The Prime Minister has received the report of the investigation of the islandwide power outage on February 16.
Dr Rowley was handed the report on Tuesday by the committee of experts at the Diplomatic Centre in St Ann's.
During the blackout Trinidad lost electrical power for over ten hours, while Tobago was unaffected.
The Trinidad and Tobago Electricity Commission's (T&TEC’s) general manager Kelvin Ramsook initially said a fault developed in one of the major circuits which triggered independent stations to shut down, causing the blackout, and promised there would be no repeat.
In Parliament on February 18, then acting Prime Minister Colm Imbert said an independent expert committee would investigate the cause and the response . The three committee members are Chandrabhan Sharma, Keith Sirju and Allister Guevarro.
At the same parliamentary sitting, Minister of Public Utilities Marvin Gonzales suggested people would not be compensated for loss of electricity during the blackout. He said, “I need to make it abundantly clear that this standard is subject to two exceptions – force majeure events and other events that are outside of T&TEC’s control."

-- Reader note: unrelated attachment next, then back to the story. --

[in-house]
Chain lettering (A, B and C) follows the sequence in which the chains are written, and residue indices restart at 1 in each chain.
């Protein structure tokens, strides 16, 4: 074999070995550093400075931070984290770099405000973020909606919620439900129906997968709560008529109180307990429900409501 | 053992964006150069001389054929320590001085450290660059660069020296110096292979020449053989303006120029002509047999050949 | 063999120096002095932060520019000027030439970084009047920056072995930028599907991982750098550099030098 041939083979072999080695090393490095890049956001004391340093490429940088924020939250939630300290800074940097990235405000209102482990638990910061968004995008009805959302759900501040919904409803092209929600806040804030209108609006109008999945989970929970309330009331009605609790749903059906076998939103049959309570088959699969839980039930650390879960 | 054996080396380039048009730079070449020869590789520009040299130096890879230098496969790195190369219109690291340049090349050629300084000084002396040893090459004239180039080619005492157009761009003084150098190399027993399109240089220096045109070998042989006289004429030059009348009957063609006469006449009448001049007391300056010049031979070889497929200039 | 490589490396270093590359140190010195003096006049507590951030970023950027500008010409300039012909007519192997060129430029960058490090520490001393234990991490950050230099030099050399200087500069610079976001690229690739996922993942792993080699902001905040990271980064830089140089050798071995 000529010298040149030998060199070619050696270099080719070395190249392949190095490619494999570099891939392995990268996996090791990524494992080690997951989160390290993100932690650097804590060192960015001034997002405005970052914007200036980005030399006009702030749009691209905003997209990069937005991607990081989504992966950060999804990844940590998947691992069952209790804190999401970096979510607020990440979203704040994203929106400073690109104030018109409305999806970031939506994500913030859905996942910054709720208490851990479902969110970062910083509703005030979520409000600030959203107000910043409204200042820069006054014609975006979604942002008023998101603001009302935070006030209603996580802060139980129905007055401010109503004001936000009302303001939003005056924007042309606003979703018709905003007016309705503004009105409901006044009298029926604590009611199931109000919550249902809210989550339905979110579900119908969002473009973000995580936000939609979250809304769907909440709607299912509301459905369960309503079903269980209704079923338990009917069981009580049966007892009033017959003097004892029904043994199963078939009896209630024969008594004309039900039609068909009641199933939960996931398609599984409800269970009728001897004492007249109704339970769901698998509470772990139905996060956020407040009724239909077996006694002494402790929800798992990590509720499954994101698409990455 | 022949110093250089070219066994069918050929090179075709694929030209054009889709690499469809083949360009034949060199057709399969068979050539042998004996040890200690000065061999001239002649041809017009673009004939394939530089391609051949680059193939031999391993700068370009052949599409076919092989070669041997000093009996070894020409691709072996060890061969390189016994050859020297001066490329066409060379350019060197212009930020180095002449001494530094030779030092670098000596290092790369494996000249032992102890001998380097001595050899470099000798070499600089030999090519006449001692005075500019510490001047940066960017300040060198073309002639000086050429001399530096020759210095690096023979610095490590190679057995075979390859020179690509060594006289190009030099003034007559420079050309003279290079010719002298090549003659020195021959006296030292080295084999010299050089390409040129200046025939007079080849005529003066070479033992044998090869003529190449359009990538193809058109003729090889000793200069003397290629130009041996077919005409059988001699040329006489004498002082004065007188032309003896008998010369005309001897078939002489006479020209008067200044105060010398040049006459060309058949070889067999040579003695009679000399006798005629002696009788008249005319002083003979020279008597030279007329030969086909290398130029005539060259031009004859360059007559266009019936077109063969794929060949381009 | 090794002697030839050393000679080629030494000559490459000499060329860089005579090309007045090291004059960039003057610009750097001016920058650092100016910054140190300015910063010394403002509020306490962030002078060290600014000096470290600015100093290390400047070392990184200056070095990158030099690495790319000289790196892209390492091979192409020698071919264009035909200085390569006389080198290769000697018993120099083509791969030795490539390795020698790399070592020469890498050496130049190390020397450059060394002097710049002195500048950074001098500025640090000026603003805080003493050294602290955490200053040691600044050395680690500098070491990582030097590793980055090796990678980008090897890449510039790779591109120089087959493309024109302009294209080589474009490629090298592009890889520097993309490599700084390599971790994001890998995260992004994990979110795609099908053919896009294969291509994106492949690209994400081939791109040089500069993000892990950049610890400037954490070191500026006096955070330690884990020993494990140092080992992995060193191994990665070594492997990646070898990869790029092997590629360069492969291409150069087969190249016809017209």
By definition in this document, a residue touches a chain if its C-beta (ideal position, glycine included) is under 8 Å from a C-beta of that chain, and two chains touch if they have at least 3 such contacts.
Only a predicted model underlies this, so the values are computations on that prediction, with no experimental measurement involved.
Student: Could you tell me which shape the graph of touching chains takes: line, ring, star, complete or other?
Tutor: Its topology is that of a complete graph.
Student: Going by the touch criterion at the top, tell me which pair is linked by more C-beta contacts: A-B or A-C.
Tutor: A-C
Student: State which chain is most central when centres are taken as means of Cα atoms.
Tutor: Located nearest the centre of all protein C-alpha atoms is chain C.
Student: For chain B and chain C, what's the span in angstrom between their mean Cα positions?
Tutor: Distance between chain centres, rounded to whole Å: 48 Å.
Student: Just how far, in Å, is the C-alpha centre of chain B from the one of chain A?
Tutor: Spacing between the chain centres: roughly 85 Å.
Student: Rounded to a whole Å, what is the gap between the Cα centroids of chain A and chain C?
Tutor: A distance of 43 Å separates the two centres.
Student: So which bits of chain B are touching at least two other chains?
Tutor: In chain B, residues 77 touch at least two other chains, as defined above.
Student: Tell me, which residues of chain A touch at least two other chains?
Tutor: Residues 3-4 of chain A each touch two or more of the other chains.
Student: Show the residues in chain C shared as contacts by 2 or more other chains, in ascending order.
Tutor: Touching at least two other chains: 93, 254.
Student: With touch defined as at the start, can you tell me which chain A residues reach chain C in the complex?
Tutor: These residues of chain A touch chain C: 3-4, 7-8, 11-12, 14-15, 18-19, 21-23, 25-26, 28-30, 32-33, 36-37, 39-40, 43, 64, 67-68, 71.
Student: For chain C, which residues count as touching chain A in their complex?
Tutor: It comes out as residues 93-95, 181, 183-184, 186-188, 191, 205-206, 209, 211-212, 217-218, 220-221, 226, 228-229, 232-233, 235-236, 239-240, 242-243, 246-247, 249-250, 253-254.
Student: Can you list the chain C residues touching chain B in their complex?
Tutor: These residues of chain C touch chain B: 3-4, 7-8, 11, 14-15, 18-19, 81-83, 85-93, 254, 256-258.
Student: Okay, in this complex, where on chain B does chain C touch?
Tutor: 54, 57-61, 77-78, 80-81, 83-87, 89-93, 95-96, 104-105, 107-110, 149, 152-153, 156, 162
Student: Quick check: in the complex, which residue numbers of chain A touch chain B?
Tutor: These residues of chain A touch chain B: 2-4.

A force majeure (superior force) event is extraordinary and beyond reasonable control, such as a war, riot, crime, an epidemic or sudden legal change.
“There was a huge issue emanating from the independent producers which impacted upon T&TEC’s ability to provide a supply of electricity to the country.”
On the cause of the blackout, Gonzales said, “A short-circuit fault occurred on a 12,000-volt overhead line. The line crosses under the two 220,000-volt transmission overhead lines which connect the T&TEC system to the Trinidad Generation Unlimited (TGU) power station in La Brea.”
Protective systems reportedly took the circuits out of service as designed, disconnecting the TGU station from the TTEC system. The short circuit caused three other independent power producers to trip, which resulted in the islandwide power outage.
At a press conference on April 1, president of the Oilfields Workers' Trade Union (OWTU) Ancel Roget said the cause was a fallen tree.
“A tree fell on the T&TEC lines and those lines would have wobbled in the electrical fields of one and other and just tripped the entire system off.”
He blamed corruption and mismanagement within T&TEC for the fallen tree, as contractors are responsible for clearing the lines.
He said the commission is understaffed by 300 linesmen, leaving the work to be done by contracted workers, at an additional cost to the commission.
In a statement on April 4, MP for Princes Town Barry Padarath said, “Over seven weeks have elapsed since the committee headed by Prof Sharma was established, and the government is yet to advise the public on the status of the report.”